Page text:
Is this a sweet story? Definitely. Is it a good read? Totally not–as a matter of fact, it’s absolutely boring. 

The main message here is: Great stories are relatable and need both novelty and tension. 

The majority of us are narcissists; we like stories about people similar to us. 

This is the reason why a lot of people read hyper-specific Buzzfeed listicles with titles such as, “21 things that could only occur at Stanford” or “25 things you’ll know if your parents are Asian.” A lot of people fell in love with Star Wars due to the same reason. From the quiet kid with great dreams to the bickering robot couple C-3PO and R2-D2, everybody can see a representation of themselves in the movies’ cast of relatable characters. On the contrary, our Jack and Jill story is really unrelatable: things typically aren’t that simple. 

Although, relatability alone isn’t sufficient.  Anybody who understands how it feels to be a teenager in a small town or to fill the shelves in a store can sympathize with Luke Skywalker’s life when we first see him. However, nobody is going to use hours looking at him working his boring work on an isolated planet! What this promising setting doesn’t have is a novelty. 



In order to keep the audience engrossed, Skywalker has to go on an adventure. The reason we remain engaged is down to evolution. Scans reveal that our brains brighten up when we’re met with something completely new. We owe this reaction to our forefathers, who stayed in a world filled with strange threats. If you weren’t vigilant, probabilities were you’d become dead. Millenia after, that same nature describes why we see movies about exotic societies in distant universes really captivating – we can’t help than to concentrate on the screen 

Also, there’s tension. The Greek philosopher Aristotle claimed that great stories, create a space between “what is” and “what could be.” Storytellers close and reopen this space regularly, and this is what forms tension. Consider Romeo and Juliet. The circumstance looks like Jack and Jill’s; however, nothing is boring about Shakespeare’s drama. The whole thing in the starstruck lovers’ world works against them understanding what could be. Every step forward shows new difficulties, driving the characters and the audience toward the story’s tragic ending. 


Chapter 3 – Great storytellers need to value fluency more than complexity.  


If you run Ernest Hemingway’s work with a reading-level calculator, you’ll immediately realize a strange finding– he writes the same way as fourth-graders. That’s correct, the great Nobel Prize-winning American writer’s language is no more complicated than the one of a regular ten-year-old! Do the exact exercise again severally with books from J.K. Rowling or Cormac McCarthy, and you’ll discover related findings. Therefore, what’s happening here?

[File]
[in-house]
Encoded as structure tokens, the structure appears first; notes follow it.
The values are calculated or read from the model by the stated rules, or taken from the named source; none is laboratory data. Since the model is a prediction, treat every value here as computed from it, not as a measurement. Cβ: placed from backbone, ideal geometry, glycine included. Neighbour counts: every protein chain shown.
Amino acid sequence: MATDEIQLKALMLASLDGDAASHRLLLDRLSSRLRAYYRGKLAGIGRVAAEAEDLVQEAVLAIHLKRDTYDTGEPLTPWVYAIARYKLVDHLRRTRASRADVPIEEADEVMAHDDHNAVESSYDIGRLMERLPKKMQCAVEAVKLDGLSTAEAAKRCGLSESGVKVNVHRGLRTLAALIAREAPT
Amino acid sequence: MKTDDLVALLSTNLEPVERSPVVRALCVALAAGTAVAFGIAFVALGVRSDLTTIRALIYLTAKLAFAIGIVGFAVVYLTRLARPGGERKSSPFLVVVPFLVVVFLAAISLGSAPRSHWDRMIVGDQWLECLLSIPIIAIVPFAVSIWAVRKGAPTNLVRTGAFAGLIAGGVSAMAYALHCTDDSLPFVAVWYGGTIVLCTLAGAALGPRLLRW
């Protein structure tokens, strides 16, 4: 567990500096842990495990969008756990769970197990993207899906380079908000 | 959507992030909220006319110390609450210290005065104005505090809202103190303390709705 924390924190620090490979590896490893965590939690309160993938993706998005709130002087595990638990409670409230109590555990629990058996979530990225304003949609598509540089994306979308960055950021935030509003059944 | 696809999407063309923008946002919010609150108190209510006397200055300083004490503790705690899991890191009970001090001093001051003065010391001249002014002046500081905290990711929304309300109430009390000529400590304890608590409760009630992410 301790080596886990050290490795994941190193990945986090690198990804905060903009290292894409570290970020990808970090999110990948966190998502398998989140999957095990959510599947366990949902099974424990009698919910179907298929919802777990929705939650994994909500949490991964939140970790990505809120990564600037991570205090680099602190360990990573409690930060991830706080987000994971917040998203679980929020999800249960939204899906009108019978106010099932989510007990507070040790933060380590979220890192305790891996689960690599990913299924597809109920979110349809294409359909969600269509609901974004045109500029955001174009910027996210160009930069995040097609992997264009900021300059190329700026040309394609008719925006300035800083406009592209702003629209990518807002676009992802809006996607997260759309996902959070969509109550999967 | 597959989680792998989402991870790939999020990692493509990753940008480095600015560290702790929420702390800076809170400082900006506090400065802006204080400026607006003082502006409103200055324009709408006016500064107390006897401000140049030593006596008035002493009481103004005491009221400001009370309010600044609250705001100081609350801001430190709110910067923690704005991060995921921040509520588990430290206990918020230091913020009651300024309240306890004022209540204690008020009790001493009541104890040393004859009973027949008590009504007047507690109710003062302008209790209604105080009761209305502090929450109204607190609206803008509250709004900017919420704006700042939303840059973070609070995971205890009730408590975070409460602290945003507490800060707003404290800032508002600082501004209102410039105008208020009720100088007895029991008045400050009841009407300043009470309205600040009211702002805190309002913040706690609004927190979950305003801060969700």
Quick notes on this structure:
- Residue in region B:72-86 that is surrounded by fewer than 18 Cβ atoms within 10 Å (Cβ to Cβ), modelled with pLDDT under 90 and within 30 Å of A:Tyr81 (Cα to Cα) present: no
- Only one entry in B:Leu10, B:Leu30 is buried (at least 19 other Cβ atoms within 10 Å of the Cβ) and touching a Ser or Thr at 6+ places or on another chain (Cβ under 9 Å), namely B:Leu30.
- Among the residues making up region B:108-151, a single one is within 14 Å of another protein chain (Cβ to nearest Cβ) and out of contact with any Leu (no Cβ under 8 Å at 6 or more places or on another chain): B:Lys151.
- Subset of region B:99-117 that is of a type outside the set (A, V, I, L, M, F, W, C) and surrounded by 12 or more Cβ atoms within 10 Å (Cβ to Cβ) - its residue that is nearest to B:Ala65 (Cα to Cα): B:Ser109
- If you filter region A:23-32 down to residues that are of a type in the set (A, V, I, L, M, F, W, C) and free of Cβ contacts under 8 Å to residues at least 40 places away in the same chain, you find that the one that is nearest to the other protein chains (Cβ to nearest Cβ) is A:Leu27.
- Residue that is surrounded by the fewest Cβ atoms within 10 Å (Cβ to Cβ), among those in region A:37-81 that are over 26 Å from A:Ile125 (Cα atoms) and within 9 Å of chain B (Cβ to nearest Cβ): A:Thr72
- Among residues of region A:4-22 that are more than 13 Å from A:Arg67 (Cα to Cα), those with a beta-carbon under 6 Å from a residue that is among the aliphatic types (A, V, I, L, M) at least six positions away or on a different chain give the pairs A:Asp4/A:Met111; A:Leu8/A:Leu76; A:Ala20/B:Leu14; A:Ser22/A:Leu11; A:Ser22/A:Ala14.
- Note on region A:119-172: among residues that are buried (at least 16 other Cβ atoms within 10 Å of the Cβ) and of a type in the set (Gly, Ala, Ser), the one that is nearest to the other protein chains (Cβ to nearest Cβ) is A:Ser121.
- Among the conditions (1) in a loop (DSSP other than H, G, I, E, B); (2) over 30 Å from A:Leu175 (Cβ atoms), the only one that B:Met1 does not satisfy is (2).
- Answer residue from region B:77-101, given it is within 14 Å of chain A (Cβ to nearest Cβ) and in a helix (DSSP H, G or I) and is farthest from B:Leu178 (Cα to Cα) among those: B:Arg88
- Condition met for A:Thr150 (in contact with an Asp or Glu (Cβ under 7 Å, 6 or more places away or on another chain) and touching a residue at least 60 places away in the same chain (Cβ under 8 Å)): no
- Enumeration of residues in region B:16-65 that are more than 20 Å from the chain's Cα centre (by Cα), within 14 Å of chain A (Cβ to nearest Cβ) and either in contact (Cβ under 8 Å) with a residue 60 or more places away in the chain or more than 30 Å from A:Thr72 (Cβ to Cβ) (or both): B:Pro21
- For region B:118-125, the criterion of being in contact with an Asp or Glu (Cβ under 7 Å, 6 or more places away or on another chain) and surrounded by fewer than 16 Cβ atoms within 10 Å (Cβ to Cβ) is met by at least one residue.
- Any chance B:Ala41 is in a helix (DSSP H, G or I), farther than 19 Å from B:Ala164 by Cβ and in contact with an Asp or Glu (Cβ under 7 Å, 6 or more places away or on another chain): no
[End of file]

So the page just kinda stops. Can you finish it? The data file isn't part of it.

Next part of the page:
The main message here is Great storytellers need to value fluency more than complexity.  


The authors got obsessed with this reading-level test. After attempting it with Hemingway and other popular novelists, they began running anything they could get on with their calculator. When they were checking scientific articles or bestselling fiction, the findings was usually the same. Averagely, the most greatly respected authors on any particular topic wrote at a lower level than their colleagues. 

If that seems counterintuitive, attempt reasoning about it this manner: these writers value fluency and not complexity.

Fluent storytelling is essentially about moving your audience along and leaving anything that hinders in the way of achieving that. This isn’t only what writers do, though. Think of the cinema. The editors who did Star Wars made George Lucas’s story very energetic by using a mixture of fast cuts and fast transitions. Back then, during the late 1970s, when the first-ever Star Wars movie was produced, science fiction was related to dramatic pauses, slow action, and ponderous shots. The work of the editors’ work transformed that for good and launched the fast-cutting production values we associate with the genre we have now. 

This transformation worked for the exact reason Hemingway’s sparse writing style is really effective. It focuses the audience’s attention on what is actually important– the story. When you see or read a fluent storyteller, you’re not making use of your brainpower to ponder on vocabulary or to figure out the importance of lasting 40-second shots. Rather, you’re concentrated on the dramatic tension, characters, and relating to a theme. Eventually, this makes very easier to understand information.